This July, in Salt Lake City, there will be an event called GEEX. It's an Expo for gamers. Somehow I got penciled in to discuss Indie Game Development at the Expo this year. So I'm going to jot down a few thoughts that I might use later for my presentation.
What I've Learned So Far Developing Indie Games:
(In case you're wondering about Reclaimers of Rhuidia, I'm still trying to wrap up another game to get time for it, so I'll be discussing that)
Indie Games Usually Don't Have Funding- Therefore, you have to make time for them, and you have to remember to narrow the game's scope.
Indie Games Have Small Teams-Bring together one Programmer, one Artist, one musician, knock around design ideas and get going! It's exciting and also a reality you have to remember. As the soul artist on Siphon Spirit, I realized animation would pretty much be impossible to do, and still make a full-scale game. So I found cheats. I got the programmer to do particle effects, and enable moving artwork--Even if there's no animation, it doesn't have to lack movement!
Indie Games Can Innovate- Take advantage of the opportunity to try new game mechanics and concepts. I highly recommend not making a clone of another gameplay style. Why not find something different and new, and focus the limited time you have on building up that one concept? I started wanting to make an rpg, but then I scrapped everything rpg and made a game that plays in a new fun way. There are plenty of RPG's out there. The aspect of an RPG I really wanted was more in the storytelling anyways, so I got my friend to program a scripting system that allows me to incorporate art sequentially to tell a comic-style story sequence at any point in the game I want.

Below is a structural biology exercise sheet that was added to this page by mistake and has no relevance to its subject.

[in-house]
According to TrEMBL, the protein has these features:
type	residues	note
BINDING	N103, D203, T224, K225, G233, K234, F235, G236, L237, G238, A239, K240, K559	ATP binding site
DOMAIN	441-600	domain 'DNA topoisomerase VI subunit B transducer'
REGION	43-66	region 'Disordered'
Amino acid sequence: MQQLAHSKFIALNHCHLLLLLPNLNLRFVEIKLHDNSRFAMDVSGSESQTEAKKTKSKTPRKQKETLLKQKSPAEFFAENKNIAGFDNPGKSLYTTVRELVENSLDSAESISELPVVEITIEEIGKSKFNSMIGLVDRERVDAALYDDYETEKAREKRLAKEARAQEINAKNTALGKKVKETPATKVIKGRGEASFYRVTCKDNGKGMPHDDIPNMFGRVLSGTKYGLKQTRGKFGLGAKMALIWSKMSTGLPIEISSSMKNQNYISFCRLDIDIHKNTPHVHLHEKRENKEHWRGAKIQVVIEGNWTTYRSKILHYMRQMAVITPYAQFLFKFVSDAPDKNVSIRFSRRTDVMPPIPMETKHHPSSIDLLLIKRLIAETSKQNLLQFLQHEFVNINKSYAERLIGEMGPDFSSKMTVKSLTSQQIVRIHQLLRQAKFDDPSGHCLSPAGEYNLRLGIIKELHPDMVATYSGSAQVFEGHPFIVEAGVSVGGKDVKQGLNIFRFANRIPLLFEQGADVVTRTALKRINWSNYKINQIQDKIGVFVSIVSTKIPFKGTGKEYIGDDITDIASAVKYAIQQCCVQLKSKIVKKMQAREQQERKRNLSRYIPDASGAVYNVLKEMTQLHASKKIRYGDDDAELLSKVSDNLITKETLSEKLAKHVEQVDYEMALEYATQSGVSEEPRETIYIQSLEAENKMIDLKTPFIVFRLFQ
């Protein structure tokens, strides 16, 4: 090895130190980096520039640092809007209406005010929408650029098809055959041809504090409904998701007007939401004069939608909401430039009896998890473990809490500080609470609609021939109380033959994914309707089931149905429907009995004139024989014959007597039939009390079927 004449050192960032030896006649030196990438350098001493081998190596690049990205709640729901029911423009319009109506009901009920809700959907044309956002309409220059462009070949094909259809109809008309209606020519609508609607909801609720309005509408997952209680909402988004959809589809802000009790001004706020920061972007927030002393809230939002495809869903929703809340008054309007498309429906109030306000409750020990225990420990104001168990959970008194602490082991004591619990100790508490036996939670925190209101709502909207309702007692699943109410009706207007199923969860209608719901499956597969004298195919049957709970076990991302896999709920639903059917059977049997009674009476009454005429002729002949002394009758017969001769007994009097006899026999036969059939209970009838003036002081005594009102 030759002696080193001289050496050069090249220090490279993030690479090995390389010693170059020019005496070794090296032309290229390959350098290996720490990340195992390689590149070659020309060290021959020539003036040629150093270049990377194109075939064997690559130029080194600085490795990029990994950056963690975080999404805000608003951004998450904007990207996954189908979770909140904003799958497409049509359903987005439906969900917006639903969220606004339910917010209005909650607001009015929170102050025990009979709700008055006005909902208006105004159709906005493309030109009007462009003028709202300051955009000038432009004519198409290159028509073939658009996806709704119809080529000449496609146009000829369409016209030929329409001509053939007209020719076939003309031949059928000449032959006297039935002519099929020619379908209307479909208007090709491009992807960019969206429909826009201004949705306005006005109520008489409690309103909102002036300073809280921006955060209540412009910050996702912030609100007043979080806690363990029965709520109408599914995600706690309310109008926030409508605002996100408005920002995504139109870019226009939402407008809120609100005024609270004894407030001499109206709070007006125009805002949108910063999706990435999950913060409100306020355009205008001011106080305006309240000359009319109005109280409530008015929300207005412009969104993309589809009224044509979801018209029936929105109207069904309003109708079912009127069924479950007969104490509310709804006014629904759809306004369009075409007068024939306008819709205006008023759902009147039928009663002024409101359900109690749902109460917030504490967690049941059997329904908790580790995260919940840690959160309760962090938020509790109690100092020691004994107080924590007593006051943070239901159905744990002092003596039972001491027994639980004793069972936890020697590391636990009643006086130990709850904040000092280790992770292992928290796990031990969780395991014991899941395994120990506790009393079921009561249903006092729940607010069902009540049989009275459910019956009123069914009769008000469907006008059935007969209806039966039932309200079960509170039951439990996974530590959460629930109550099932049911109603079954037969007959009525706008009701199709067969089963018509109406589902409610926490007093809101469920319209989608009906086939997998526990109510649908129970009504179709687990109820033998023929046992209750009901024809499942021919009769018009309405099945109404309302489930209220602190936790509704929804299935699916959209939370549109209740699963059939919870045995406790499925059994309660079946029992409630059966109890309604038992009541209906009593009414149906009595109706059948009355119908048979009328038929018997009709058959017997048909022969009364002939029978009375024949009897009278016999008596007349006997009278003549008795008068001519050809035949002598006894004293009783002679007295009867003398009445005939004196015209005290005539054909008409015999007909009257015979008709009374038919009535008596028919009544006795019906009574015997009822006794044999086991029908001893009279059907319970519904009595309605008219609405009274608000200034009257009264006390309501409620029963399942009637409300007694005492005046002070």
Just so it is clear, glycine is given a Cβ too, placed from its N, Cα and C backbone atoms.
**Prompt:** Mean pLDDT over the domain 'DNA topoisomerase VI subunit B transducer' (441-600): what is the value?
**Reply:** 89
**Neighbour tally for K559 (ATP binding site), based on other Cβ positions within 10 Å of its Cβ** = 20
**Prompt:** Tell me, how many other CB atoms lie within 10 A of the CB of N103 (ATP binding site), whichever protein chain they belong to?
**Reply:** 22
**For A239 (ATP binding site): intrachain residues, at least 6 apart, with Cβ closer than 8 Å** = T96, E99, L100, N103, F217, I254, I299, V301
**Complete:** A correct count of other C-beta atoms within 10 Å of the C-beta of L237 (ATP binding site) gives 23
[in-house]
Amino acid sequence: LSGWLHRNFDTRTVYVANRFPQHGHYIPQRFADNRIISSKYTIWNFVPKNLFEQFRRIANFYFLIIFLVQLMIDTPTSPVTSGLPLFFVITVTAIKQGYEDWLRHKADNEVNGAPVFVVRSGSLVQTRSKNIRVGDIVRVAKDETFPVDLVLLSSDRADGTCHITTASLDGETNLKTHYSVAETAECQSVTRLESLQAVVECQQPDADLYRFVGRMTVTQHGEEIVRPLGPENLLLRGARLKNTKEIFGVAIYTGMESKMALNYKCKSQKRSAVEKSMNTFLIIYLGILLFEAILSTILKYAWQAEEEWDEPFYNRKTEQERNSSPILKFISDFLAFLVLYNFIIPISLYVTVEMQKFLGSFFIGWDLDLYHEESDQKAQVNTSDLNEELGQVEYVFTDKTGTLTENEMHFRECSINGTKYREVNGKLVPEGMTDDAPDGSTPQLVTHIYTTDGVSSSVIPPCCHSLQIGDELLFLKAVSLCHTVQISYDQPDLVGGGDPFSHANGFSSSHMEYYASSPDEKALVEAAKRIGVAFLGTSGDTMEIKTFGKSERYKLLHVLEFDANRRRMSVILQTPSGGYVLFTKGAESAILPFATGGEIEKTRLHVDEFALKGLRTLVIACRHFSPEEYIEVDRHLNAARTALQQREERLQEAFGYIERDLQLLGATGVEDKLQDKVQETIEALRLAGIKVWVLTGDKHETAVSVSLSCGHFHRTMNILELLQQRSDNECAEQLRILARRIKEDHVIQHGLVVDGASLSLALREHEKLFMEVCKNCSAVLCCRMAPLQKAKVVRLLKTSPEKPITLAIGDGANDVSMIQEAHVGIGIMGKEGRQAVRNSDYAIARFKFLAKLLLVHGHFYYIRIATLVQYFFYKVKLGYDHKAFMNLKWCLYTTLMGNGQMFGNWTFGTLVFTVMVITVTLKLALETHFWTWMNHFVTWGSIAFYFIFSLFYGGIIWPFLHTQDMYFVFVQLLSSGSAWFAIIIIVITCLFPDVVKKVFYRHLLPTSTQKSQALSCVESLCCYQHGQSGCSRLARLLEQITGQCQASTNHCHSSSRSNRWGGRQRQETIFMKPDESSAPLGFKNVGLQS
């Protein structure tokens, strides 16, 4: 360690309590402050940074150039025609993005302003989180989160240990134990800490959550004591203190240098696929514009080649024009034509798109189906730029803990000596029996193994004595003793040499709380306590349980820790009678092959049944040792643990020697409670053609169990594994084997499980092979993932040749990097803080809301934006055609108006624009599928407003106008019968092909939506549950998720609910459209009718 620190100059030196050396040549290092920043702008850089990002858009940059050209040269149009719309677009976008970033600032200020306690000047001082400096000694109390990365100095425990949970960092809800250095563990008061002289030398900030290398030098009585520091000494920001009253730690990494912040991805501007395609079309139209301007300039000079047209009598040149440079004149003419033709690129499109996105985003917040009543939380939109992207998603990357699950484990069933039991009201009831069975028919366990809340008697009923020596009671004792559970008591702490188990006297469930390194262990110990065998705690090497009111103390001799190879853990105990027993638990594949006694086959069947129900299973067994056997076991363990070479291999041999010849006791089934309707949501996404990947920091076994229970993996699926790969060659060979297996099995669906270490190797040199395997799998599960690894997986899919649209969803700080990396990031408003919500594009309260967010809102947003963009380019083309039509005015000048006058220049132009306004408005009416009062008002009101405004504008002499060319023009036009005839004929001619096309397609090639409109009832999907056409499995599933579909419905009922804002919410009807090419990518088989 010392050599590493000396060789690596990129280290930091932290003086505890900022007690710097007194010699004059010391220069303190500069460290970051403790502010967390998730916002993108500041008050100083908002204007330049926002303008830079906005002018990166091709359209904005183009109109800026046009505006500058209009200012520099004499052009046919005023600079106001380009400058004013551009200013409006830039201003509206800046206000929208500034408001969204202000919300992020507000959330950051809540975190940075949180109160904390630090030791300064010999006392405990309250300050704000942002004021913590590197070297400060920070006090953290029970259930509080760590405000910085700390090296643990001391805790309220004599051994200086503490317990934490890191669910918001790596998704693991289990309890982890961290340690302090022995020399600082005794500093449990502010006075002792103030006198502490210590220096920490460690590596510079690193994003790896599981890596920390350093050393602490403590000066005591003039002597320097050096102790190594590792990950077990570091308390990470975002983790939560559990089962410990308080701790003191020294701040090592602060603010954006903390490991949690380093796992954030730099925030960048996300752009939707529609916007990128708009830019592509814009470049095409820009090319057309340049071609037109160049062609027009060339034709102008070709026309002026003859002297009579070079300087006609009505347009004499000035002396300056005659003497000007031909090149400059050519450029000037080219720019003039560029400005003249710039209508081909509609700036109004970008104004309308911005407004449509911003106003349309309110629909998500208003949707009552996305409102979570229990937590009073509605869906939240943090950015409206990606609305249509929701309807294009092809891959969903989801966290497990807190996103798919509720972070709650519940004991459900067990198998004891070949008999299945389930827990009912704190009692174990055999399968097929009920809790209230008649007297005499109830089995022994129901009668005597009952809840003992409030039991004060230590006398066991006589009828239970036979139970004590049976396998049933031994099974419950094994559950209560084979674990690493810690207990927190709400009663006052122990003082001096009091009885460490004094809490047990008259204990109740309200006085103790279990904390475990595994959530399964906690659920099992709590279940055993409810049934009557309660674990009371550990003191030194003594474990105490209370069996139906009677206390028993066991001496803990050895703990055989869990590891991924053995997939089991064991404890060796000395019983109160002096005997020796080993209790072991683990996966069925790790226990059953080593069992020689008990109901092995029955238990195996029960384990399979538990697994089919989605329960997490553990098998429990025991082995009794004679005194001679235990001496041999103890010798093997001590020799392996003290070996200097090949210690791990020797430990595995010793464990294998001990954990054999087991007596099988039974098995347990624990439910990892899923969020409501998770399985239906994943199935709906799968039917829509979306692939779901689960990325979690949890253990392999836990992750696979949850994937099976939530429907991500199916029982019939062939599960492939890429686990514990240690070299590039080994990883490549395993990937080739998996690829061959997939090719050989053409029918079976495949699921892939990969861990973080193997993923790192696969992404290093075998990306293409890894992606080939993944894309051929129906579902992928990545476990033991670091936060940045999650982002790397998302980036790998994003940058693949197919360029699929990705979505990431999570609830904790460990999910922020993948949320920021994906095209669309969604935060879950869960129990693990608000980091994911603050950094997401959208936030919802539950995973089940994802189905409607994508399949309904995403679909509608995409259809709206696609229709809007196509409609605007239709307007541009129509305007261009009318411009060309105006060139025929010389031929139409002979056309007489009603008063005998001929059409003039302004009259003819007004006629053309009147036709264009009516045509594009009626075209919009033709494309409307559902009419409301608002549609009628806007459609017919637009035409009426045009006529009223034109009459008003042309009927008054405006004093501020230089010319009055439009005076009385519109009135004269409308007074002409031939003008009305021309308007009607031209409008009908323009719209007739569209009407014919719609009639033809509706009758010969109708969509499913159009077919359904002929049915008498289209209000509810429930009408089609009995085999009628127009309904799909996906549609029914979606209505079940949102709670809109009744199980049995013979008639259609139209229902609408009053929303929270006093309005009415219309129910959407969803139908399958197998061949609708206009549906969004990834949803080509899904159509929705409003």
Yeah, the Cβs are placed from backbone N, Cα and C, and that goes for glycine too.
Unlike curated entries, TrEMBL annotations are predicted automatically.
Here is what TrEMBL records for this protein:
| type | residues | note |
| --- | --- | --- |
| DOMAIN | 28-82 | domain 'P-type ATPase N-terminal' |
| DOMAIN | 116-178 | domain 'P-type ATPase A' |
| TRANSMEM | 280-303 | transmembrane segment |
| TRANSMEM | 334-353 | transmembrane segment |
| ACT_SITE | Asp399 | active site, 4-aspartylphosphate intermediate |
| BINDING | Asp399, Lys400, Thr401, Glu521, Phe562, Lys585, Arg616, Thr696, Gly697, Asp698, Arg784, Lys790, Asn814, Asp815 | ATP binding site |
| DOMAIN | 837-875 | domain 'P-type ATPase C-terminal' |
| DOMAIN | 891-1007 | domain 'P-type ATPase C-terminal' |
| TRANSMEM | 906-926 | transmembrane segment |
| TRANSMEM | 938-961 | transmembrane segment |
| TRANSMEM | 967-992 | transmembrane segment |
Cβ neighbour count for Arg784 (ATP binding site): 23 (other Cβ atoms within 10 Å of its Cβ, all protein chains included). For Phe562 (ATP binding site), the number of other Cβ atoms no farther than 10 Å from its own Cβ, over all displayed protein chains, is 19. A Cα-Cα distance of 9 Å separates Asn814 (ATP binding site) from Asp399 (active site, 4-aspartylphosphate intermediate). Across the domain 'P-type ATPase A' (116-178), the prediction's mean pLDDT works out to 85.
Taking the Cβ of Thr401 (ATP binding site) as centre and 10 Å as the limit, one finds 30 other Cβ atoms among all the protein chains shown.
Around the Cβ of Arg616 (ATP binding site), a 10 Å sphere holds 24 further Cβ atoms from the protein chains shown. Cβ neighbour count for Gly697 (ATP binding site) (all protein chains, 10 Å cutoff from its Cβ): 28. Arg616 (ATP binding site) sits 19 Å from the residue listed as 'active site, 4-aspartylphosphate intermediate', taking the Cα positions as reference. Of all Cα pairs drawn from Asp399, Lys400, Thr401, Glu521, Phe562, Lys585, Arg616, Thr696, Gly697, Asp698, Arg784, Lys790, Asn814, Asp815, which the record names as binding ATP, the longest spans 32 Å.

Indie Games Need to be Feasable- We spent 2 years on an RPG and are basically abandoning it. Why? Because it would take 2 more years to complete it. While we have this little simple game that will be complete in 4 months total. But what if you REALLY LIKE RPG's? You won't. Not after 2 years and no results. If you must make an RPG, remember your time and man-power limitations. You will probably want to cut out a lot of gameplay features you originally wanted.
Indie Games Should Start at a Fundamental Level and Build Up- The problem with the RPG I was making, was that we added a whole ton of features to the design up front, and then started taking them all out when we didn't have time for it. A better way, is to simplify gameplay as much as possible. Then, when you get that fundamental gameplay working, you can start to add in things as you go.
Make Simple Games First as Trials- You will be tempted to make a big game right off the bat. Because that's what you like, and they are prestigous. Don't. Try something small, and simple. Make a complete game. Learn the Process. You will be much happier knowing there's a finished product of yours out there for others to try, and now you can maybe make something a little larger in scale. I can't tell you what you will learn from making a small game project from start to finish. It's something you learn in doing. So don't miss this important learning step!